3) Tom Boswell - A sports columnist to throw the first pitch of a World Series game? Damn right. Nobody did more to keep the hope for a new D.C. baseball team alive than Boz. For more than 30 years there was no baseball in Washington, and every year, Boswell would work his contacts about possible moves or expansion back to the city. For D.C. fans that were starving for baseball information and needed a leader in their quest to get America’s Pastime back to the Nation’s Capitol, Boz was their champion. No journalist will ever be more intrinsically involved in a professional team’s success than Boswell is with the Nationals. Likelihood: Slim. The media isn't supposed to be part of the story.

4) Alex Ovechkin - The best athlete in D.C. in the last century. Not just a scorer, but a champion now. This isn't about the Caps just did it so the Nats can too. This is about D.C.'s best supporting the local 9. Likelihood: Decent chance. He's a huge star and has been at Nats games throughout the franchise's existence. 

5) Livan Hernandez -  He threw the first pitch for the Nationals organization at RFK 14 years ago. A fan favorite and a winner, Livo is loved by Nats fans.  Likelihood: Seems like a good chance Livo will be involved in some capacity, first pitch might be a stretch though.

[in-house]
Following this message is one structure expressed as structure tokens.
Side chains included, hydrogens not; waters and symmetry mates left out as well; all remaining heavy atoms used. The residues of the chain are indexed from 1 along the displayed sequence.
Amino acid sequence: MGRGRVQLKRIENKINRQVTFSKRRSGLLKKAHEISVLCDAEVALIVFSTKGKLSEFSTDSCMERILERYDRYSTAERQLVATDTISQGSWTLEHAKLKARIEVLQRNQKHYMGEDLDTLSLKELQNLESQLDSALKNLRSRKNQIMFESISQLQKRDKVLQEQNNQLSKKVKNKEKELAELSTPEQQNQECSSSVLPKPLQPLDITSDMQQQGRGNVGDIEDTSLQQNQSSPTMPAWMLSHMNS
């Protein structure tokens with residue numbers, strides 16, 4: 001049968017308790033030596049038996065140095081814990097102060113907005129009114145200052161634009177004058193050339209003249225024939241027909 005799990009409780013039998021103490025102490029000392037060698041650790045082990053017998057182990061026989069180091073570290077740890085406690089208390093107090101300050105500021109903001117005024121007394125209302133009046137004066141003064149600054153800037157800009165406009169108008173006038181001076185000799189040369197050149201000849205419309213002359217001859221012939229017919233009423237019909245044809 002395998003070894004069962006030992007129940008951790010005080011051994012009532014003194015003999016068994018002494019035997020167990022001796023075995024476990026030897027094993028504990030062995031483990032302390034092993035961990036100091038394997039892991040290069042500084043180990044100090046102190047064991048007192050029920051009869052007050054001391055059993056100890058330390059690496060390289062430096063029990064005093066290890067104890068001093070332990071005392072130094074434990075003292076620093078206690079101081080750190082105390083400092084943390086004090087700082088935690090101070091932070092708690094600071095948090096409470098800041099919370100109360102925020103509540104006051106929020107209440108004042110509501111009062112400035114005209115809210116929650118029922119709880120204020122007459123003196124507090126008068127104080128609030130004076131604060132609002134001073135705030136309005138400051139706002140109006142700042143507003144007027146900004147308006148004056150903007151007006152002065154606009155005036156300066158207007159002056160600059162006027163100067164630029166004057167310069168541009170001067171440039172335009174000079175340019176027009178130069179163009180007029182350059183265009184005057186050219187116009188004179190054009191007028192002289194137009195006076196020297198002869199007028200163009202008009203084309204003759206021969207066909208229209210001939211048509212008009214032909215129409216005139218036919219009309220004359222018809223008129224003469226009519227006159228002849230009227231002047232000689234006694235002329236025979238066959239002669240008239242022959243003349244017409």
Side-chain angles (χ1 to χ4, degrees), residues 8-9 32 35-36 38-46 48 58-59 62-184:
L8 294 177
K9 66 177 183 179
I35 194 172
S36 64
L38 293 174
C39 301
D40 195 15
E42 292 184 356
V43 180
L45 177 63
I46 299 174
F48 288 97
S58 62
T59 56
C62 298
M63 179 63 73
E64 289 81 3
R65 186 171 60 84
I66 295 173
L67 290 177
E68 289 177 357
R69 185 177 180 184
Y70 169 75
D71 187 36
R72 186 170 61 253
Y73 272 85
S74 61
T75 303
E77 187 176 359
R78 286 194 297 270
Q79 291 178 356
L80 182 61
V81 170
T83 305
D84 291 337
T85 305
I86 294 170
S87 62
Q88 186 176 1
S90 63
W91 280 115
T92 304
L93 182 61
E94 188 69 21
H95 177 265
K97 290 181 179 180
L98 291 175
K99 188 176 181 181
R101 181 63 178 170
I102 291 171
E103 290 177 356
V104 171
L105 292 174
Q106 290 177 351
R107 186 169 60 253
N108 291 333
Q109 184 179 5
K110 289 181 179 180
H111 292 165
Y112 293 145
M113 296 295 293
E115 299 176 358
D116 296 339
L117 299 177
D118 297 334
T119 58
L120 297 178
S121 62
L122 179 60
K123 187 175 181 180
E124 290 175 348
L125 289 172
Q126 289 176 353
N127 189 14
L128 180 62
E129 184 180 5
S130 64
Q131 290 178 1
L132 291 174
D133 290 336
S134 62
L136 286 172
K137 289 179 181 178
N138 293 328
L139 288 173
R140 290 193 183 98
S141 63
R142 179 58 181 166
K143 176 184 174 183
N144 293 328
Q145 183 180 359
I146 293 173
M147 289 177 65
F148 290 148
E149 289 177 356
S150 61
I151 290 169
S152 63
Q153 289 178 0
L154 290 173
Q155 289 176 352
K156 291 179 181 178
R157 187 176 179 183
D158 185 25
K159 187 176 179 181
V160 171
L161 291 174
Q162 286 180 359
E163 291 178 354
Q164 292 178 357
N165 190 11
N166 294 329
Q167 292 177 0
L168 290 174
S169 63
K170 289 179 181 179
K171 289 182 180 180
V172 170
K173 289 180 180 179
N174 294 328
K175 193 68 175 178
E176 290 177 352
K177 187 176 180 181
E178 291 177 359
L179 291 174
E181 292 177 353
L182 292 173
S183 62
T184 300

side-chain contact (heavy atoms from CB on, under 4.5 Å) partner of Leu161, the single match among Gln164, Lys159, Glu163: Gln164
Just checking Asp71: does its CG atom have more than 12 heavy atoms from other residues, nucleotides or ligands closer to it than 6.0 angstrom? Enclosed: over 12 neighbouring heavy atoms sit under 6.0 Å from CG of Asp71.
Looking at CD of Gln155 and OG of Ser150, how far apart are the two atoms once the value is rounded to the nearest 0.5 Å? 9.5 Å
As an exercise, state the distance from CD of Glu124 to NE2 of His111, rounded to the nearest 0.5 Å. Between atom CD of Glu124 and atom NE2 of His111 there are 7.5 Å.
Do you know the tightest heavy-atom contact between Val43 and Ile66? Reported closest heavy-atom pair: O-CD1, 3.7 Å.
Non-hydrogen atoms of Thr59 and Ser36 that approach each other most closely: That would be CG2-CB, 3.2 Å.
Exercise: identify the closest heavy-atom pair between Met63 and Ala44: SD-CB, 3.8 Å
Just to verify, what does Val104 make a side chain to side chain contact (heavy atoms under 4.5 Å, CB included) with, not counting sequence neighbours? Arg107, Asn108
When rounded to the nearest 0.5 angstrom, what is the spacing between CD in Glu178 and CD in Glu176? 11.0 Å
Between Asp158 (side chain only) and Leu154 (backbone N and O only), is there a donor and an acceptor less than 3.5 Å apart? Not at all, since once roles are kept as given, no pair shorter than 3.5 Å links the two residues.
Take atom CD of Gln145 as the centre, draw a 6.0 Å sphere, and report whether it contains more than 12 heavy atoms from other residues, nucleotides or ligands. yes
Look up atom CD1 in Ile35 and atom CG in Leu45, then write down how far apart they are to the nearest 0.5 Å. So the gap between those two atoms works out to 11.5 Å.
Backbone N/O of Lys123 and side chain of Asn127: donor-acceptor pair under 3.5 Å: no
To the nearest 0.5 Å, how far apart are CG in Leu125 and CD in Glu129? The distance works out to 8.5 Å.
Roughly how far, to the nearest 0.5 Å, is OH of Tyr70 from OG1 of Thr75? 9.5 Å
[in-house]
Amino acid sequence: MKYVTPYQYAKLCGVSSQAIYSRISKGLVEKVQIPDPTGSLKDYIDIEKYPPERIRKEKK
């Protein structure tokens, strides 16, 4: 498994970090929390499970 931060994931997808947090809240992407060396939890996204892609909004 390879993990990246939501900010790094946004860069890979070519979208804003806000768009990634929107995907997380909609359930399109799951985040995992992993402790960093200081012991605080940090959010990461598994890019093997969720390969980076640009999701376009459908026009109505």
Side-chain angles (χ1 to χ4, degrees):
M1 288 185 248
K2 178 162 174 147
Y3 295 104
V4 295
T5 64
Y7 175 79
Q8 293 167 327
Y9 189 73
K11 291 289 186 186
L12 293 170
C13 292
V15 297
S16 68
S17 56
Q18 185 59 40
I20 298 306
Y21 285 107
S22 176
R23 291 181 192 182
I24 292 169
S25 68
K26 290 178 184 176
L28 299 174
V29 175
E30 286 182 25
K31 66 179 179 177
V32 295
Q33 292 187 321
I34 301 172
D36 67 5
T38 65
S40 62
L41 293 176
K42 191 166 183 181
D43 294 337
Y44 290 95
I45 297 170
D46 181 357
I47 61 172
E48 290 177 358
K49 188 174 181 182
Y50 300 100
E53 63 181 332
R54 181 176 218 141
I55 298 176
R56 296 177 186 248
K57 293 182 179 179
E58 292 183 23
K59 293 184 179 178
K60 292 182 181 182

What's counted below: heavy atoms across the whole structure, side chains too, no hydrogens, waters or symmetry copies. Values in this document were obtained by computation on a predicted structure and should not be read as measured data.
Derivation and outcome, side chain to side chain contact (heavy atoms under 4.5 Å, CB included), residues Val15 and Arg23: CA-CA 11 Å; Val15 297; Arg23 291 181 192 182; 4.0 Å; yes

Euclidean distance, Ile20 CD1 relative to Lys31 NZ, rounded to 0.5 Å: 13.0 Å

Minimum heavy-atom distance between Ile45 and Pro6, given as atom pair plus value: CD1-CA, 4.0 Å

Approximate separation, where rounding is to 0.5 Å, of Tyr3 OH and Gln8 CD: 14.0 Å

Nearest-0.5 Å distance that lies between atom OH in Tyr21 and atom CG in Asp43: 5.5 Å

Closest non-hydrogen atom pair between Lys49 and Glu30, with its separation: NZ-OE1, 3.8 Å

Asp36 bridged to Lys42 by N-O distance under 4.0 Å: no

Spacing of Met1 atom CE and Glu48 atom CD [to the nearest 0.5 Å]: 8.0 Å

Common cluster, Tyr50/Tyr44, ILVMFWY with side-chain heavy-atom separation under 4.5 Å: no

6) Wale - For young fans across the city, Wale is the most accomplished musician the city has produced. He proudly supports the Nationals and wears the Curly W just about everywhere he goes. Likelihood: Decently slim. Wale might not be quite a big enough star for a World Series first pitch but it would make a lot of sense for him to be involved somehow. Maybe he can say Play Ball!

7) Dave Grohl - A native of Northern Virginia and an incredibly accomplished musician. Getting Grohl to perform the National Anthem before next Friday’s Game 3 would be even cooler. Likelihood: Good chance, if he will do it. Not sure how much Grohl reps the Nationals. But him doing the Anthem would be incredible.